On a global scale, while we are dealing with the COVID-19 pandemic, the tourism sector continues to be severely impacted by the decrease in travel.  In the United States, there’s another pandemic rising: racial inequality that has resurfaced in the tragedy of George Floyd.

Currently, it’s Hispanic Heritage Month in the U.S.- a month that celebrates the Hispanic ancestry, history, culture, and the achievements of Hispanics. However, there’s still a noticeable absence of diversity, inclusion, and equity in the travel industry. How can the private and public sector of tourism, keep the representation of Hispanics and Latinx alive long after this holiday ends?

First, it’s important to understand that Hispanics and Latinx make up a large part of the U.S. population. According to the U.S. Census Bureau, there are an estimated 60.6 million Hispanics in the United States as of July 2019. Today, Hispanics in America make up approximately 18.5% of the current population.

Second, it’s imperative to pay attention to the diverse racial and ethnic identities within the Hispanic and Latinx demographic. There’s still a debate on the correct identification, whether it’s Hispanics, Latinos, or Latinx.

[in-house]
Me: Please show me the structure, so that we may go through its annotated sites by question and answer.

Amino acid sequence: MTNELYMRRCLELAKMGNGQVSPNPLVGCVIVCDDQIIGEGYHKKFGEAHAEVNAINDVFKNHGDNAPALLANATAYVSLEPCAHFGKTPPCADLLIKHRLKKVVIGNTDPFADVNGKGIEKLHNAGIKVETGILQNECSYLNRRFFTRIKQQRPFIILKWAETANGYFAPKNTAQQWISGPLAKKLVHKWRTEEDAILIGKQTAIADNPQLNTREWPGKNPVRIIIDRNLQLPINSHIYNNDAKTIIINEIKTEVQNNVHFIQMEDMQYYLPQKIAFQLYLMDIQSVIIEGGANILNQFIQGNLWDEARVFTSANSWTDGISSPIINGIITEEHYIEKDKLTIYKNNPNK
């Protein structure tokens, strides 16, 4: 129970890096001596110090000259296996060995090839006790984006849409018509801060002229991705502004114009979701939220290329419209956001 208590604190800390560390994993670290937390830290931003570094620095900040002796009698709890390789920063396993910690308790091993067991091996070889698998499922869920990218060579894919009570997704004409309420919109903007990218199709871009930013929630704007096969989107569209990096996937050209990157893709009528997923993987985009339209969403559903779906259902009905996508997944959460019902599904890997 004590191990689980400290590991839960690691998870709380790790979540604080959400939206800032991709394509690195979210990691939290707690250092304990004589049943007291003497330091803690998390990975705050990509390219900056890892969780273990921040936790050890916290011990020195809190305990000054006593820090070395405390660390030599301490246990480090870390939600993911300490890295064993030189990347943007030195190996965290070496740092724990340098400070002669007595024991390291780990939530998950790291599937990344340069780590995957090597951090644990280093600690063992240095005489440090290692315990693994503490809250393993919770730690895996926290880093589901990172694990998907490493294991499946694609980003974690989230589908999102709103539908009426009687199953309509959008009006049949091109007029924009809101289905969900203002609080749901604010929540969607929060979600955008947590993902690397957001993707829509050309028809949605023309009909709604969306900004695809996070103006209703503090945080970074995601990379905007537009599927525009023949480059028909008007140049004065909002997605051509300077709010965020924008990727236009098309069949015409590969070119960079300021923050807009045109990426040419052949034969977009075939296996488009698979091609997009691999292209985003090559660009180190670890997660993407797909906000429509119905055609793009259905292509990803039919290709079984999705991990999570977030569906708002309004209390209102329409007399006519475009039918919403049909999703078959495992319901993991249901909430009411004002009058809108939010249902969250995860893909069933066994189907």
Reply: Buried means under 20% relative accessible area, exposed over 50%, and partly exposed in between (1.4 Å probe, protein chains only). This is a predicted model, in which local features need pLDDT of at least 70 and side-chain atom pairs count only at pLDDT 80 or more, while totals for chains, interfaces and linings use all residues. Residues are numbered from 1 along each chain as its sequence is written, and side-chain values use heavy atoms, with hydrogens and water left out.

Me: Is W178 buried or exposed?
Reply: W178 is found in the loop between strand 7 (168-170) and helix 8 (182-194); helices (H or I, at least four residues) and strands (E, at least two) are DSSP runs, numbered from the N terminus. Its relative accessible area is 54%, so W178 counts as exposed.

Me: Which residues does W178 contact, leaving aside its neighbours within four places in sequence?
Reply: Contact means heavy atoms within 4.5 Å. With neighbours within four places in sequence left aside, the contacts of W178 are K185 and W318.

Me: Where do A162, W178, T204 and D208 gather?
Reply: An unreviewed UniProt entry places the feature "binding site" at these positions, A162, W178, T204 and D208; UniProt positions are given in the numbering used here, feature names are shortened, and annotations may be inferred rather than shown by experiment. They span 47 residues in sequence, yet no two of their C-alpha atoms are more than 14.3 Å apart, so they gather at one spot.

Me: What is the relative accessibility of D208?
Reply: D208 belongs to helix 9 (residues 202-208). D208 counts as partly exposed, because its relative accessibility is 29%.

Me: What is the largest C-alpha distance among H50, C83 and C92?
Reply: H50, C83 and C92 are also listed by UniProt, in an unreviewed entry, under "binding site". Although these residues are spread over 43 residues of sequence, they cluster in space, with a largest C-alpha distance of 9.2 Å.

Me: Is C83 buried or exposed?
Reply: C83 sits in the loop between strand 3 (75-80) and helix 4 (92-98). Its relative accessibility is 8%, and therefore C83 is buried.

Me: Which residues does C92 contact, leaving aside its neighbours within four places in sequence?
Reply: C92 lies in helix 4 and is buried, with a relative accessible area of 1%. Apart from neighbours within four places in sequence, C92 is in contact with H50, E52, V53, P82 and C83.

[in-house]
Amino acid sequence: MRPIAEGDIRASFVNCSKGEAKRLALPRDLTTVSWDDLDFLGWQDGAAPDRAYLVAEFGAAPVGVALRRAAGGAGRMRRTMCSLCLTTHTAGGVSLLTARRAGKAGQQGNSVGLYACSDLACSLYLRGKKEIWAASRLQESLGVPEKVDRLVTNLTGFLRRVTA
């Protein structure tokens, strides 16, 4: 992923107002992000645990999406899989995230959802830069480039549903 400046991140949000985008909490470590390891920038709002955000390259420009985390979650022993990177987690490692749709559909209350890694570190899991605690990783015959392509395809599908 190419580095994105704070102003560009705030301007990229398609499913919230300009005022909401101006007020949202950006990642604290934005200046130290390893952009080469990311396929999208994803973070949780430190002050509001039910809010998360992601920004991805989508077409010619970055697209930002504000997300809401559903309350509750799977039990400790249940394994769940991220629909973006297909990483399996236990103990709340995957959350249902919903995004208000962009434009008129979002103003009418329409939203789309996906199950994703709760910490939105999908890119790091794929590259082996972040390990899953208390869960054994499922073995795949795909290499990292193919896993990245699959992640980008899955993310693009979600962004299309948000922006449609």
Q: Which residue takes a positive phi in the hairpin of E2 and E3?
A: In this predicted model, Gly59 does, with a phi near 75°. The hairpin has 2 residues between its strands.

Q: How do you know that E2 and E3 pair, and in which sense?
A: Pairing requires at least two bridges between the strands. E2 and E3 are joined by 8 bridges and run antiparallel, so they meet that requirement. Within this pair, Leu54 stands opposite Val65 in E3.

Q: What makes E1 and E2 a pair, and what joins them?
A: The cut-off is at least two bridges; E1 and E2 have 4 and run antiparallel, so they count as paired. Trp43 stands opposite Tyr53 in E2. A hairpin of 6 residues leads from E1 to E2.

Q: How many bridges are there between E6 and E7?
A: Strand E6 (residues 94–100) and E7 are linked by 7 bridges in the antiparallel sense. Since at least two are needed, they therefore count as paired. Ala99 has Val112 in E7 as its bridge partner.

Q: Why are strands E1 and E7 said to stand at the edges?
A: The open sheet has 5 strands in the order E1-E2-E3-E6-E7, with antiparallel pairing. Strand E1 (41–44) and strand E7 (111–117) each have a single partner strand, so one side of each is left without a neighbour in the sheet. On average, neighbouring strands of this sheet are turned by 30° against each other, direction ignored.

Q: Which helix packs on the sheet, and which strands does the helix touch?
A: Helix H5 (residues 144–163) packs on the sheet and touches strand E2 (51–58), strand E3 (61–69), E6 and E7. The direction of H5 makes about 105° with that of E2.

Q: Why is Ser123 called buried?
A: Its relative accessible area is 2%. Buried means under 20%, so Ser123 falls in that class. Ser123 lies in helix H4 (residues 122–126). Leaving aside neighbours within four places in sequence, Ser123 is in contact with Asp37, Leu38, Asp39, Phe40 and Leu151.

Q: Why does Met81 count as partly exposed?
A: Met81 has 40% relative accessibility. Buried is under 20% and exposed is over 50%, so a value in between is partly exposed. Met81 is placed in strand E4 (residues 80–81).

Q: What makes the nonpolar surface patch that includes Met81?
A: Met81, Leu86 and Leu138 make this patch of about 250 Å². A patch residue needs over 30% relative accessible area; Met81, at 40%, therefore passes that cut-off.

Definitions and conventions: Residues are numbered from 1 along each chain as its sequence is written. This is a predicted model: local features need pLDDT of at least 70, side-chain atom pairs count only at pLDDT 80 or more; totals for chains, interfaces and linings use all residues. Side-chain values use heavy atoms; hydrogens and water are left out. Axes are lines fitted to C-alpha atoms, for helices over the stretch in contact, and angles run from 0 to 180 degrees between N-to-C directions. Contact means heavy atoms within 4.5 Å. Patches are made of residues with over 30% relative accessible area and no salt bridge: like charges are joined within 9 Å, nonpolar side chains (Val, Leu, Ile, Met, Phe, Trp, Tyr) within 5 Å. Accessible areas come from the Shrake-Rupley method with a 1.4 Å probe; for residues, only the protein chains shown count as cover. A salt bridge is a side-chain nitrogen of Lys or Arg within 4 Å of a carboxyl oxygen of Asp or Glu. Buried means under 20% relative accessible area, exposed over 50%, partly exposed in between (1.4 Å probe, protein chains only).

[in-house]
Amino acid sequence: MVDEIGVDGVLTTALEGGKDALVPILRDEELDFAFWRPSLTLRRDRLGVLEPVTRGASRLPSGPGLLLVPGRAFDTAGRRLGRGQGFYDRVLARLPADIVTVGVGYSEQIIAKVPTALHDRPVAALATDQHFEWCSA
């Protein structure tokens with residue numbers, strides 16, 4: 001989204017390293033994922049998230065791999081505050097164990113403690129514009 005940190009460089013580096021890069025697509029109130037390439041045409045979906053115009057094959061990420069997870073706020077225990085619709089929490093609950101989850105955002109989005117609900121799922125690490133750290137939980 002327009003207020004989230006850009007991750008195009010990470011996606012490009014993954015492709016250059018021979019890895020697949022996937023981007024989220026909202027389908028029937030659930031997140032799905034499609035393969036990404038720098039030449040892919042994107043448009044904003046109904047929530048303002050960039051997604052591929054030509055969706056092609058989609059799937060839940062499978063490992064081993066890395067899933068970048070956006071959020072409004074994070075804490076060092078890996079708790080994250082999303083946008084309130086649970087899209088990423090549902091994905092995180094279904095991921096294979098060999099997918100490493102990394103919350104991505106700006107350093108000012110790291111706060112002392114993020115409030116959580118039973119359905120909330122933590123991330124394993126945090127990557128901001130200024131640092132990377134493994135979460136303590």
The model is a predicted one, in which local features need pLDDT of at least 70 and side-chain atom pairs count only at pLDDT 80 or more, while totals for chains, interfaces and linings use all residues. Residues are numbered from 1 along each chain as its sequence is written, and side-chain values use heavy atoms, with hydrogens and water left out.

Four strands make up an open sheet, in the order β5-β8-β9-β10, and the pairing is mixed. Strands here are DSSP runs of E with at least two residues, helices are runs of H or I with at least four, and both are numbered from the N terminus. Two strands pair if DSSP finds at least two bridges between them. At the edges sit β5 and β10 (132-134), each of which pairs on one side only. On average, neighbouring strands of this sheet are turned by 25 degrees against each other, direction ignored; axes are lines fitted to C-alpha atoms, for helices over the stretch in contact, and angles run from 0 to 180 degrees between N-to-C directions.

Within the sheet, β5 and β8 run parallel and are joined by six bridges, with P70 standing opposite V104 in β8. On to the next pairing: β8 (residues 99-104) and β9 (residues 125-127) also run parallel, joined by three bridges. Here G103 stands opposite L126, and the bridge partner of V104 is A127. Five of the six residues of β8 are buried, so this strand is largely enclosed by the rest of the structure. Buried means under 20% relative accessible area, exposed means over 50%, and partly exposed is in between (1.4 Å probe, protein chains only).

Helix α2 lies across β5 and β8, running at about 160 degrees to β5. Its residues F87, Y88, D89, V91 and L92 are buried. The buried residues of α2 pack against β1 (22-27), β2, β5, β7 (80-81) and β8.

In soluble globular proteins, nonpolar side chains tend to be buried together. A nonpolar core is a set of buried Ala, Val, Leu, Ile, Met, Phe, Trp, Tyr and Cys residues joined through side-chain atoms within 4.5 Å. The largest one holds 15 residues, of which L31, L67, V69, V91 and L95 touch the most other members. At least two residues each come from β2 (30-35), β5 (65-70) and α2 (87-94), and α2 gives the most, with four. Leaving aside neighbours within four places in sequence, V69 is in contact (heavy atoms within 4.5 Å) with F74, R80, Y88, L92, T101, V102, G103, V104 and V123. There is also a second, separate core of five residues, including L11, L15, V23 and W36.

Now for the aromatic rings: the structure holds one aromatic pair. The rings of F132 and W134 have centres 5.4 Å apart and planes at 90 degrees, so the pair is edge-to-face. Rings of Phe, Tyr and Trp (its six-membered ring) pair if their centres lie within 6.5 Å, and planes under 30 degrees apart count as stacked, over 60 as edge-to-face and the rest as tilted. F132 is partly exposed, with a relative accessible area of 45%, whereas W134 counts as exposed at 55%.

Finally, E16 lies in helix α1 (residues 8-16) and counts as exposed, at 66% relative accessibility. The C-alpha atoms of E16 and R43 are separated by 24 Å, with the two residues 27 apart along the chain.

Lastly, we can recognize the vital economic role that Hispanics have in every industry. Hispanics and Latinx contribute a lot to the economy with their spending and buying power in the U.S. alone. A recent study by The Hispanic Star estimates the buying power of Hispanics to be valued at $1.7 trillion.

How does that correlate to tourism? Let’s take a closer look at leisure travel in the U.S. Recently, researchers at MMGY Global found that $114 billion of leisure travel was spent by 13% Latinx travelers. That’s just one study that further shows the value between travel, Hispanics and Latinx. Now more than ever, it’s a great time to rethink what improvements can be made to increase the Hispanic representation within and outside of the travel sector. 

Jeannette Ceja
Journalist, Jet Set with Jeannette